Buying a home is exciting, primarily if you have found your dream house. The home has the correct number of rooms and features you want. The price also looks promising, and you think you want to settle on it as soon as possible. But while you may feel like skipping the home inspection, it is advisable to keep it as part of the purchase agreement.
This article tackles the basics of the home inspection contingency, how it works, and why you should never waive your rights as the buyer.
What Is A Home Inspection Contingency?
A home inspection contingency is mandatory, and the offer is dependent on the result of a thorough inspection of the dwelling. It allows buyers a period of seven to 10 days to see through the home inspection Colorado Springs and to point out any questionable or unacceptable findings in the inspection. During this time, the buyer gets time to gather any necessary information on the home before making an actual purchase.
The home inspection contingency is subject to the laws per locality and state. Since there are guidelines and requirements you must follow through, it is essential to discuss the buying strategy with your real estate agent and lender. As the buyer, it is also your responsibility to learn and understand what you can negotiate as a part of the contingency:
- Depending on the inspection results, you have the right to work on a compromise if you deem the asking price too high.
- Buyers can ask the sellers for repairs or improvements.
- They can also choose to walk away. The sales contract may indicate “a right to void.”
- Expect closing delays if you ask the seller to shoulder some necessary improvements if the contract states that the inspection finds issues in the house.
What Do Inspections Cover In General?
When applying for home financing, most mortgage lenders also require a home inspection to ensure that the money they’ll release has collateral, which is the property you’re eyeing.
Calling for a home inspector Colorado Springs is the best move you can make to ensure a proper home inspection. Buyers should be vigilant regarding houses because there could be underlying concerns that an untrained eye can miss. Home inspections generally cover the following:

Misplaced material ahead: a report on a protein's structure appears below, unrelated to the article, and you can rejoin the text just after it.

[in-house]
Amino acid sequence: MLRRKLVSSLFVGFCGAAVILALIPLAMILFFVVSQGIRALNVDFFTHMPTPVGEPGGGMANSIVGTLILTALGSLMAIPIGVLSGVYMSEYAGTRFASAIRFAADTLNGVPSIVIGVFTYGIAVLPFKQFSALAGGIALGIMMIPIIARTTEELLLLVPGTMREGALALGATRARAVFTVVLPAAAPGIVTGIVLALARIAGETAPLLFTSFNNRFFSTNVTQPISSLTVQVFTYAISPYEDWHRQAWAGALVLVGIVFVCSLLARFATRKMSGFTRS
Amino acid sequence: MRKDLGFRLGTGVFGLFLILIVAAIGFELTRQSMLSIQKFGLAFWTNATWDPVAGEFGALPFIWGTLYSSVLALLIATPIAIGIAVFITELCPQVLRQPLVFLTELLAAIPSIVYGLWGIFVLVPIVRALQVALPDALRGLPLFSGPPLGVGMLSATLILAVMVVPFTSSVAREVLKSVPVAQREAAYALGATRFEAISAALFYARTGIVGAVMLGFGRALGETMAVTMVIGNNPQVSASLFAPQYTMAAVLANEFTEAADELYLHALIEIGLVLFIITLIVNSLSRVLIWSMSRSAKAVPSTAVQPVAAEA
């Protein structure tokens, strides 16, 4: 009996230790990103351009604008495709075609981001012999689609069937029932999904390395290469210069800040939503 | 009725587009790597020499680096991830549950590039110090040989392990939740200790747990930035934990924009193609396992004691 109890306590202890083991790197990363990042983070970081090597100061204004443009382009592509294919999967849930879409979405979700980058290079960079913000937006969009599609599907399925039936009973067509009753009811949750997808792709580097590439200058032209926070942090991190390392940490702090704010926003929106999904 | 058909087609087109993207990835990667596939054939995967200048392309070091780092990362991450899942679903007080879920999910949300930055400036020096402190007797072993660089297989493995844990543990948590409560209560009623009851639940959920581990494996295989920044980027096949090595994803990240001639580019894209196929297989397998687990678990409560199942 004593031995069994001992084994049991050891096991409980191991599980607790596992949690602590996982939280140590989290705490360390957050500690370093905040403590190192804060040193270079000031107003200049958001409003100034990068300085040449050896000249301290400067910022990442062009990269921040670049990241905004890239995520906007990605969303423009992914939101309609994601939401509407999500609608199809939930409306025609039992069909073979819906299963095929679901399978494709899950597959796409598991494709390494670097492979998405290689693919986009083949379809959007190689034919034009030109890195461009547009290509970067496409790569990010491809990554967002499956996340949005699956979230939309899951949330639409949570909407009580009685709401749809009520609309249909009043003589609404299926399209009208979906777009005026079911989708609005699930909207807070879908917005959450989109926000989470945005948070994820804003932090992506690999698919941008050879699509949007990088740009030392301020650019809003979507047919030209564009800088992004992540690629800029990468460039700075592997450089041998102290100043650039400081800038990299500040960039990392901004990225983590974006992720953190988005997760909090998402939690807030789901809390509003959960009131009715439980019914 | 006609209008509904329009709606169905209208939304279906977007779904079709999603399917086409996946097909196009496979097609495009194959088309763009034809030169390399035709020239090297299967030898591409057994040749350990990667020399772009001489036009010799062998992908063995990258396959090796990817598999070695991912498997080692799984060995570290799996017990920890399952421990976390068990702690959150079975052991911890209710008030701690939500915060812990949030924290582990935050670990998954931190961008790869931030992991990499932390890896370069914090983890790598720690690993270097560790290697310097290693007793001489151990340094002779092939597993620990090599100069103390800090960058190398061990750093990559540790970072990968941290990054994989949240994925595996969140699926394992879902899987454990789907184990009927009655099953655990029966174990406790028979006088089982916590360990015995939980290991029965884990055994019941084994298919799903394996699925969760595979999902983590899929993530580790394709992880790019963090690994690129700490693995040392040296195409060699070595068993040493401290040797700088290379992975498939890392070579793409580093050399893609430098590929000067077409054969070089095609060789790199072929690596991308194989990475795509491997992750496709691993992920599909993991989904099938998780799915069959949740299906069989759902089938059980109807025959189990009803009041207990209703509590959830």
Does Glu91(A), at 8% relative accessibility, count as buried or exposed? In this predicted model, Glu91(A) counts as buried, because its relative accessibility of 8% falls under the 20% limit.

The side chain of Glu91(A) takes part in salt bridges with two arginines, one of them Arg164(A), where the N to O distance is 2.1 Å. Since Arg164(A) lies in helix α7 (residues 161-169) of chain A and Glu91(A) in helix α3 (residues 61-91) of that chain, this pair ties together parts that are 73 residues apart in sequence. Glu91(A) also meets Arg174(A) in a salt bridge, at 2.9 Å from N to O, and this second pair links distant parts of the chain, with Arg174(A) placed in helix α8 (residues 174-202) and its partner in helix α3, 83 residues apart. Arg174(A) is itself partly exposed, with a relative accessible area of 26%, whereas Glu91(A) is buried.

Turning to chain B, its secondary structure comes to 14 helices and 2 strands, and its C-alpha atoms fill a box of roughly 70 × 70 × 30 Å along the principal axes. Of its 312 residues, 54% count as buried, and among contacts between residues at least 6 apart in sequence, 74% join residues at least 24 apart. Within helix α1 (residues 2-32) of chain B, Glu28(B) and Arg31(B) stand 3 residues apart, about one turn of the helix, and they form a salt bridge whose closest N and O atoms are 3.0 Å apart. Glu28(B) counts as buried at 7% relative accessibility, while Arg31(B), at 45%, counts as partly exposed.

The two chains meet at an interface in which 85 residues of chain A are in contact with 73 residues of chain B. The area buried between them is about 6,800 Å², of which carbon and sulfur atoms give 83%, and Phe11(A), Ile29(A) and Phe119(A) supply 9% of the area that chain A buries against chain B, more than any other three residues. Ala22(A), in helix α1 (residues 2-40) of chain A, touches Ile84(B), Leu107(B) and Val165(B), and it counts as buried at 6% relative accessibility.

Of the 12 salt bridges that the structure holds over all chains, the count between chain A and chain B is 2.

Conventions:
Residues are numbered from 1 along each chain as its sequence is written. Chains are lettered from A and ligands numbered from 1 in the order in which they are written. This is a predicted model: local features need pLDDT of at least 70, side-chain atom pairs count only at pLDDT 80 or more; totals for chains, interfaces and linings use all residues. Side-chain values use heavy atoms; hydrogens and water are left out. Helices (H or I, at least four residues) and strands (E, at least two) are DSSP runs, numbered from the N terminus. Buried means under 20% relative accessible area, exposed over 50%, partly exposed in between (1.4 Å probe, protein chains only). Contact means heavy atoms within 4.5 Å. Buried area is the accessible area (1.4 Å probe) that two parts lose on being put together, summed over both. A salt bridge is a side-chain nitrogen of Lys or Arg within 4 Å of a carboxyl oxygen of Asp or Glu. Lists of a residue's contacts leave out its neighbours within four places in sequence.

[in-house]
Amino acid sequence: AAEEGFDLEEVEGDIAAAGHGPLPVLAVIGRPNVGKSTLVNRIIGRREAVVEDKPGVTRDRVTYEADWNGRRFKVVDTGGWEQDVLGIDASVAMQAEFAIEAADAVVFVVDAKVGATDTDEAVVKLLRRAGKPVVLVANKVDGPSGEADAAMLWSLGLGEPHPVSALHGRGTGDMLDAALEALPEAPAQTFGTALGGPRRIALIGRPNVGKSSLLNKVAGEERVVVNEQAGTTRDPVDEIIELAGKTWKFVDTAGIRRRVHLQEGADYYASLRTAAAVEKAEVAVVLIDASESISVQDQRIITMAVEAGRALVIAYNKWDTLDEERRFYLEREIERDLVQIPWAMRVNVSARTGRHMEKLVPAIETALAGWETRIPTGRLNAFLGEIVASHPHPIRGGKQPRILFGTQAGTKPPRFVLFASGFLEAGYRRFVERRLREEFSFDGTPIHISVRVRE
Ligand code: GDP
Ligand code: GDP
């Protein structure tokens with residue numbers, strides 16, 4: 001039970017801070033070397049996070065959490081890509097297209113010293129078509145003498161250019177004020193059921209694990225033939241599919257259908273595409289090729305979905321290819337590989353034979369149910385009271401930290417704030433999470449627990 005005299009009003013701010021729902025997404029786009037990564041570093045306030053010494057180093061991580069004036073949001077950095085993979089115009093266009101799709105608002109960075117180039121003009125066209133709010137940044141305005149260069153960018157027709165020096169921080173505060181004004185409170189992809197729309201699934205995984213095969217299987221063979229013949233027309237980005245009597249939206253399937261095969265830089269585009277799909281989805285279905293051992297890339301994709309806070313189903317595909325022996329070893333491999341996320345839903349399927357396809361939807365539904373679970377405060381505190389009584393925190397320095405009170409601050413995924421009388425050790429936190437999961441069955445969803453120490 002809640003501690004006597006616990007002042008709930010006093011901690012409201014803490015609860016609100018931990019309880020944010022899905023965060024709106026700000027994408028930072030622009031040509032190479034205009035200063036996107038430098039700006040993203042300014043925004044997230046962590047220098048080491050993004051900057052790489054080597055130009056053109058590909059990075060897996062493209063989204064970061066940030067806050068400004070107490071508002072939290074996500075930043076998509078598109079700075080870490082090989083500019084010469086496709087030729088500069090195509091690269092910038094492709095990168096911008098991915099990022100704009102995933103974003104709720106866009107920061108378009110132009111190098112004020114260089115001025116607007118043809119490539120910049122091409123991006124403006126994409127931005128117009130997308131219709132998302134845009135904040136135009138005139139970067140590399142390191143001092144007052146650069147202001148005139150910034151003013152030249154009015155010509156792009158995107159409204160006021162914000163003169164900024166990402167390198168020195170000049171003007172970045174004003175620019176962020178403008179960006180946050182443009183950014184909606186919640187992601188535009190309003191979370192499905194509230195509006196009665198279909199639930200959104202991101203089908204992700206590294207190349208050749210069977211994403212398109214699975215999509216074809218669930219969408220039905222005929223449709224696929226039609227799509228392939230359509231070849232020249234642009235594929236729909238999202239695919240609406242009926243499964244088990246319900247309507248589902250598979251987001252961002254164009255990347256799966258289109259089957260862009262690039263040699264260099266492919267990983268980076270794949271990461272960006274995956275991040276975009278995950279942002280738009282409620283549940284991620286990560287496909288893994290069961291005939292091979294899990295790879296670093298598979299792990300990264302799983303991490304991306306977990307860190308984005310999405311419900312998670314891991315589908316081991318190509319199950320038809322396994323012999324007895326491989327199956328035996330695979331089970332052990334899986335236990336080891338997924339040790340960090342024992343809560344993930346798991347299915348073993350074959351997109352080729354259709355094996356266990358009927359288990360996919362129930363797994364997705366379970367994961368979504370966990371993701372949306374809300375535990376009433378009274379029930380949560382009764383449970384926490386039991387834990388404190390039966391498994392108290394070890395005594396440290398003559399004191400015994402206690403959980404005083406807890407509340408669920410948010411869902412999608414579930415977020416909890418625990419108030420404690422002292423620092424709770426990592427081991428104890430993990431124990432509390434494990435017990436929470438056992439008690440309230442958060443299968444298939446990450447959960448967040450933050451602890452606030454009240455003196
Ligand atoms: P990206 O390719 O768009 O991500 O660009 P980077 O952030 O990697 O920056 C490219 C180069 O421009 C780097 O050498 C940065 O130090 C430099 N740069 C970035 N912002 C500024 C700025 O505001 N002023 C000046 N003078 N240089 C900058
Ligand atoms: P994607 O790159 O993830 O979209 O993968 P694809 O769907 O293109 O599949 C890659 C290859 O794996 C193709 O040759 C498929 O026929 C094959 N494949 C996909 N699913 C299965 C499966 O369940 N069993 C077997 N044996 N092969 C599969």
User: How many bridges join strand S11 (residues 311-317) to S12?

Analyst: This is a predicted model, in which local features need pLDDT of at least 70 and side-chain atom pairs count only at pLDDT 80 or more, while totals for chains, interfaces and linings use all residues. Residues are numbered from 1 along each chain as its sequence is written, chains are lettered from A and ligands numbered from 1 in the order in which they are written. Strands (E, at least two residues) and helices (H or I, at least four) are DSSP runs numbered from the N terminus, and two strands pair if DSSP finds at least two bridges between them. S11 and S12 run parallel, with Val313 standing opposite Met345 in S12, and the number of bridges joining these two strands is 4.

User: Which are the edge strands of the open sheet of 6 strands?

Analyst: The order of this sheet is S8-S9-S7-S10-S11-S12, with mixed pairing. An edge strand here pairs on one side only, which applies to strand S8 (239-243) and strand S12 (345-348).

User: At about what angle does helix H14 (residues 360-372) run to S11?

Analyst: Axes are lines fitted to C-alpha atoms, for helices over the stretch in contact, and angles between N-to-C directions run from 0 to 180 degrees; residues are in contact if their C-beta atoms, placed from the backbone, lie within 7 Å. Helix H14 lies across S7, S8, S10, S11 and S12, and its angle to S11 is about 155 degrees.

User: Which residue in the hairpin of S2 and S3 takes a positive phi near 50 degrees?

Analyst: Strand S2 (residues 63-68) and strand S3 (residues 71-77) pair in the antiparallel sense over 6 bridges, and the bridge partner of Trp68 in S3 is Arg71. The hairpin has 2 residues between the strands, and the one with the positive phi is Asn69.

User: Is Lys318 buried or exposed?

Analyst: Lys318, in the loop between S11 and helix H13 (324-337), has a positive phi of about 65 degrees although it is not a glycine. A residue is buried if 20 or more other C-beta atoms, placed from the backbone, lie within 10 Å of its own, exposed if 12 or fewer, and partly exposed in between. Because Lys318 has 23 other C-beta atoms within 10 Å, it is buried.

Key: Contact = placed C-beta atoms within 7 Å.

- Foundation of the home, or the crawlspace
- Old or damaged roof for water leaks and intrusions
- Structural problems on the walls, ceilings, floors, columns, or beams that may have cracks and other causes that may lead to crumbling
- Possible infestations of pests
- Checking if HVAC is energy-efficient and in good working order
- Exposed wiring or broken electrical components
- Faulty plumbing system
- Steps, walkways, driveways, and patios with water pooling issues
- Chimneys and fireplaces for water leaks, airflow obstructions, wood tar that may lead to fires
- Attic insulation for adequacy may be done during the summer season.
- Structural code problems and other violations
Depending on the size of the house, a home inspection can take two hours or longer. A standard size house is about 2,000 square feet – a single-family home with one kitchen and three bathrooms.
Inspectors take careful consideration and may take days to produce a thorough and detailed report. Buyers must attend the inspection when they can explore the dwelling in detail. During this time, they can also ask questions from the professional inspector who can give important insights.
How Much Does A Home Inspection Cost?
The national average for a home inspection cost is at USD$309 and may range from USD$465 up to USD$600. It is one of the steps when getting a mortgage loan approval because the lender must also be aware of the home’s condition.
Once you contract a professional inspector, you must be clear on what to expect from the procedure. Discuss what is included in the services. If you have any special inspections that aren’t typically part of the usual routine, it’s best to let the professional know.
Is It Worth The Investment?
While it may seem expensive to some, calling for a professional to do an extensive inspection of the home is far more affordable than the problems of skipping an inspection might bring later. Note that home inspection costs can go higher depending on the findings indicated in the professional report.
It’s also possible that the first inspection could call for more specialized reviews. If an assessment leads you to spend more, the report will help you negotiate for repairs. Remember that:
- Inspections will always find a problem in new or older homes.
- You don’t have to walk away from a house you like if you’re willing to shoulder some renovations.
- Not all sellers would be willing to make fixes in the home, just as it is unreasonable to ask the seller to make all the fixes.
It’s essential to have a thorough home inspection before buying the house you like. It will save you more money in the long run and give you a higher mortgage loan approval chance. The contingency is your right to take and exercise since your life also depends on the home you’ll be living in.